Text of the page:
Family of Airplane Crash Victim Awarded $1.8 Million : Court: Judge orders FAA to pay survivors of flight attendant killed in 1986 Cerritos air collision.


More than seven years after the Cerritos air crash, the family of a Mexican flight attendant has been awarded $1.8 million in damages by a Los Angeles federal judge.

U.S. District Judge Robert M. Takasugi ordered the Federal Aviation Administration to pay the award to the mother, two younger sisters and two younger brothers of Patricia Trillo Lopez, the lead flight attendant on the Aeromexico jetliner that was struck by a small private plane Aug. 31, 1986.

Trillo and 81 other people died in the crash.

The award was considerably higher than that received by the families of two other flight attendants who settled out of court with U.S. Justice Department attorneys, representing the FAA. Takasugi’s decision, rendered more than a year after the trial ended, was based on his determination that Trillo was the sole support of her family and would have continued to play that role for many years.


At the time she died, Trillo, 27, was living at home in Mexico City and providing her entire paycheck for the support of her family. She was supporting her mother, Esther Lopez Acosta, 50, her sisters Alejandra, 15, and Susana, 14, and her brothers Julio, 11, and Marco, 9.

“At the time of her death, Patricia was the sole support of plaintiffs,” Takasugi wrote in his decision. “She paid for many of the economic essentials, school supplies and clothes for her siblings.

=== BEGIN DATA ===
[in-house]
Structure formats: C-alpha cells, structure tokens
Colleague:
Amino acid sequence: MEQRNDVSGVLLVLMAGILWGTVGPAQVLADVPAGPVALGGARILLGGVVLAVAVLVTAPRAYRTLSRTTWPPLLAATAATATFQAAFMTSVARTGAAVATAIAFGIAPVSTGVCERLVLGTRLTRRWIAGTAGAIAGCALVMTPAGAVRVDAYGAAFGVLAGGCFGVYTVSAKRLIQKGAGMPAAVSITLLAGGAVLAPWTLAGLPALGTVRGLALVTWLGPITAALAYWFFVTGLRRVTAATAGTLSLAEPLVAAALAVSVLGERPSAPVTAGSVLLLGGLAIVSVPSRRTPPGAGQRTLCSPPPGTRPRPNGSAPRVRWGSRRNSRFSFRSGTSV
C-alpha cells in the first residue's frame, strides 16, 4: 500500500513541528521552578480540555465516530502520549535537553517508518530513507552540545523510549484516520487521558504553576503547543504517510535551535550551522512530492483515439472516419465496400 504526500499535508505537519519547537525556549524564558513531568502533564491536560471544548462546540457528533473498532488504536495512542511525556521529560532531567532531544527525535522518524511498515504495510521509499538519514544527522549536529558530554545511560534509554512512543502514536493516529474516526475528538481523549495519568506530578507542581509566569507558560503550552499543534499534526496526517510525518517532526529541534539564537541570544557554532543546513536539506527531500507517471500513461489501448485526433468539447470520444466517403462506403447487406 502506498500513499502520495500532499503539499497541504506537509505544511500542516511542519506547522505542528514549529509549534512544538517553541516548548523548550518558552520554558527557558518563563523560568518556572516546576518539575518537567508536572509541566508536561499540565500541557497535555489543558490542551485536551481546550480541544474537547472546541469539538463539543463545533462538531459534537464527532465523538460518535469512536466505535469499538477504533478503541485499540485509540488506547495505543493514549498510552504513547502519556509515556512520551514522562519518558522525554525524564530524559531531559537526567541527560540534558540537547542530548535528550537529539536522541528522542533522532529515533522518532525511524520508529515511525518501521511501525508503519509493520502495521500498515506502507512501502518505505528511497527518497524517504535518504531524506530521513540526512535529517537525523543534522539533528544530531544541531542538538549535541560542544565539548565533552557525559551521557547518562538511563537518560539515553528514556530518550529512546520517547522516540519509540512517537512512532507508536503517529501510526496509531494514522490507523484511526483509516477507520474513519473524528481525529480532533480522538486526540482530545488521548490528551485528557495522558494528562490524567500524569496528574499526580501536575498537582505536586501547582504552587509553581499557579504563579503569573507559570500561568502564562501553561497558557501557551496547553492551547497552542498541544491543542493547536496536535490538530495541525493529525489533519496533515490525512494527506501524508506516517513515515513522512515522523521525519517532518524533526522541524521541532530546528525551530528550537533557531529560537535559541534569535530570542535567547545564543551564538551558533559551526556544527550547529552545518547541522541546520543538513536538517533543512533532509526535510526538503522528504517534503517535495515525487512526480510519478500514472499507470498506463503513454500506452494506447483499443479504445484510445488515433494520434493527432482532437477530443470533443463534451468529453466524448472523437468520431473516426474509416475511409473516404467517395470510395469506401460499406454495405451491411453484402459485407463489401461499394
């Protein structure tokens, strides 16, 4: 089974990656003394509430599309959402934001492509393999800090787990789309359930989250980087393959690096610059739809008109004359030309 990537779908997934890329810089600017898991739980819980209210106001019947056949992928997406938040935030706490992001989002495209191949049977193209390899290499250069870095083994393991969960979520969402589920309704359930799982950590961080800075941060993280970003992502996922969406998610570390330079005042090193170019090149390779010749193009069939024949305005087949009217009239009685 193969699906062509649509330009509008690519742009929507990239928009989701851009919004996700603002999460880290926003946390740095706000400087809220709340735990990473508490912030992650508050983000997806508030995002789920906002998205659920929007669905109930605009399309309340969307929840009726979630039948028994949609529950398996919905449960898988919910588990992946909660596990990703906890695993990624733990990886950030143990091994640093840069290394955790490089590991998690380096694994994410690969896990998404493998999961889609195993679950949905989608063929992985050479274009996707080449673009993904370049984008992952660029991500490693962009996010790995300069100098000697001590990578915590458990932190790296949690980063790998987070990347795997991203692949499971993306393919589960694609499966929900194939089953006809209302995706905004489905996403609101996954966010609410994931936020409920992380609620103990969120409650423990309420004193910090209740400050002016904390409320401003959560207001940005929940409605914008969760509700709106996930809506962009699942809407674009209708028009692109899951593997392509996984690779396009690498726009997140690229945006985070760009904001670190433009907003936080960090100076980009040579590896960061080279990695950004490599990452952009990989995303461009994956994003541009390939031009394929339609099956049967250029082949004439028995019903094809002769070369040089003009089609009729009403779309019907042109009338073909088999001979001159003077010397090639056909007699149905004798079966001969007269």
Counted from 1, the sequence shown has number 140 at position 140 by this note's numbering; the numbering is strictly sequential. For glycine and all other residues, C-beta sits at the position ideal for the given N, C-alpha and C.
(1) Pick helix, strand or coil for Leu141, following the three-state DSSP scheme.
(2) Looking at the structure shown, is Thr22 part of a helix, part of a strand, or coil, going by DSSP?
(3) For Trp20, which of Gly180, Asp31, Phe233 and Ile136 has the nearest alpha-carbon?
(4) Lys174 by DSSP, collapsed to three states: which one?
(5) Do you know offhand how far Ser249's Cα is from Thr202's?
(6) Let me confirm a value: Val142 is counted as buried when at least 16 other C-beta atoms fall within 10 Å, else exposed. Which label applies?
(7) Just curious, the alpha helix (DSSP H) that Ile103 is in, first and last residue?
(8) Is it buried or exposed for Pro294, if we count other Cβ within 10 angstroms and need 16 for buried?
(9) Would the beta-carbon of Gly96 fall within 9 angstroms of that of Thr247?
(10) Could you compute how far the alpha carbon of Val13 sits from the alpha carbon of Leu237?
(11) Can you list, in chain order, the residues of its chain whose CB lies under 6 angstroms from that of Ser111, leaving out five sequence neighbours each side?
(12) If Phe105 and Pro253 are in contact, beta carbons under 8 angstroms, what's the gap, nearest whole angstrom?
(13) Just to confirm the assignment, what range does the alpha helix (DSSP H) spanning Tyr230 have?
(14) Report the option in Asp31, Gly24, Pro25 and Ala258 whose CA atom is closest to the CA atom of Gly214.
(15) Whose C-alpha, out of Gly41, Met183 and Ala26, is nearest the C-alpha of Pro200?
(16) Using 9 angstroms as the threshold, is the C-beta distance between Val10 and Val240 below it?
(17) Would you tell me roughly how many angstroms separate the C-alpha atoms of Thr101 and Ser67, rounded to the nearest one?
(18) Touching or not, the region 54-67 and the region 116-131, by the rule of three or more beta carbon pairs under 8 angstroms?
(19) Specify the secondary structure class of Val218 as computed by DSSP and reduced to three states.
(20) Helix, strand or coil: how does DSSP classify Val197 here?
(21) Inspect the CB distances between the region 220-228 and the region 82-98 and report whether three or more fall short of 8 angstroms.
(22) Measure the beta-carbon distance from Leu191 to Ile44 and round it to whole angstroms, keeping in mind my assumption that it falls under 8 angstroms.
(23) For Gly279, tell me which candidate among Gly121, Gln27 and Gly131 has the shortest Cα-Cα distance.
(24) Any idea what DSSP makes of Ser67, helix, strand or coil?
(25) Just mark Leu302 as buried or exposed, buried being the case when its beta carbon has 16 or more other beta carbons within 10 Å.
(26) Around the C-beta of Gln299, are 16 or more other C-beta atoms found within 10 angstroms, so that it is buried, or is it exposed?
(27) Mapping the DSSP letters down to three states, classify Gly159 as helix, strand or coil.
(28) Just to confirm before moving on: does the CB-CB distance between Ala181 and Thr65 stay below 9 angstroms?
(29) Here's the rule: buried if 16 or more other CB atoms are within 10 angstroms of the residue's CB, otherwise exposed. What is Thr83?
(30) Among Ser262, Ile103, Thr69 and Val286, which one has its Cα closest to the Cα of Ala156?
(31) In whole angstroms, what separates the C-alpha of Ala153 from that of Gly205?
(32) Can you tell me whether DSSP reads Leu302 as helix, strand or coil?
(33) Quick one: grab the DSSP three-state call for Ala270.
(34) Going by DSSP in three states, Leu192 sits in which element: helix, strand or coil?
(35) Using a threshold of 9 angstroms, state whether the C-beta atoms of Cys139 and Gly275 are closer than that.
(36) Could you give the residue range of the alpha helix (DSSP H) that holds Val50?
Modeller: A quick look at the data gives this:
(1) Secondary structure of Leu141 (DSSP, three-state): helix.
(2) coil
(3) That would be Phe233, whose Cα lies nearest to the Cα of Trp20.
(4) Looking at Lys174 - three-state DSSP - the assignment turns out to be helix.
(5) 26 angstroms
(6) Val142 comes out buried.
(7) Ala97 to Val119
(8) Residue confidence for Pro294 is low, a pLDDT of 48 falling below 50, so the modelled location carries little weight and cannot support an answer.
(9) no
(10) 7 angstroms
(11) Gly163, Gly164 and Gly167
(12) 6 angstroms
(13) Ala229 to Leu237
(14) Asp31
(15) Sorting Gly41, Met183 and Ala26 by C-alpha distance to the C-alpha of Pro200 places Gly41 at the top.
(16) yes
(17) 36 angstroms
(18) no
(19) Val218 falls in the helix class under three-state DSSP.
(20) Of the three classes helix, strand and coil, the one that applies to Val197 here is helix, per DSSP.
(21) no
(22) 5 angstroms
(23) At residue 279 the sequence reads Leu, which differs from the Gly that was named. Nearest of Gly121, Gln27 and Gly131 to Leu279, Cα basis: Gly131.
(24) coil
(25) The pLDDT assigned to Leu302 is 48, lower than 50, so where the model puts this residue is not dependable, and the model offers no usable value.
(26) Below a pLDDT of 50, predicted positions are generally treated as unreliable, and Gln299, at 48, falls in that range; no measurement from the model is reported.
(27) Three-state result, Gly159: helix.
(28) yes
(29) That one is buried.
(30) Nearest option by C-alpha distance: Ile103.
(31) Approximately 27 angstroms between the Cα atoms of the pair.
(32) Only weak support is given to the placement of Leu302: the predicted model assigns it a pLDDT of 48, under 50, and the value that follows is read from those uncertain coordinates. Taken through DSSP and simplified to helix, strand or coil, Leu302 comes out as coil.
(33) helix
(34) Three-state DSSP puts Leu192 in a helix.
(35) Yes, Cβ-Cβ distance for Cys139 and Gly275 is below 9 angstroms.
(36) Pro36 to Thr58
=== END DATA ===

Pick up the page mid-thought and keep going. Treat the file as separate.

“In Mexico, it is a common practice and respected tradition that employed adult children support their parents throughout their lives,” Takasugi wrote. “The decedent adhered to this cultural precedence.”

The judge noted that Trillo also shopped, prepared meals, provided transportation, earned extra money by tutoring neighborhood children in English and helped nurture and educate her younger siblings in their schoolwork and with “moral guidance.” Her death caused “emotional and social difficulties which led to serious academic setbacks.”

George F. Archer of Chicago, who represented Trillo’s family, hailed Takasugi’s decision. “The judge recognized there is a tradition and culture in Mexico that kids will continue to support their families after they’ve grown up,” and that accounts for the large damage award, Archer said in a telephone interview.

Justice Department attorney Steven J. Riegel said: “It certainly is a generous award. Our economist said he had never heard of lifetime support for a parent.


“The judge made those findings after listening to the family and finding that Mrs. Acosta could reasonably expect support for the rest of her life,” Riegel said. “It was a sympathetic close family.”

Riegel said that the Justice Department is reviewing the decision to determine if it should be appealed.

Other sources said the government is unlikely to appeal the decision because it has lost four of the five Cerritos crash cases it asked the U.S. 9th Circuit Court of Appeals to review.

Riegel said cases brought on behalf of the families of two other flight attendants who died in the crash “were settled for lower amounts,” but he declined to say how much. Riegel said negotiations are pending in the case of the other flight attendant who died in the crash.

In all, Riegel said 50 cases have been settled, 15 have gone to trial and about a dozen are pending, including two scheduled to go to trial this spring.

The damage cases have been conducted in the aftermath of a 1989 trial where another federal judge, David V. Kenyon, found the FAA and William Kramer, the pilot of the Piper aircraft who also perished in the crash, equally responsible for the crash. Aeromexico was found to have no liability.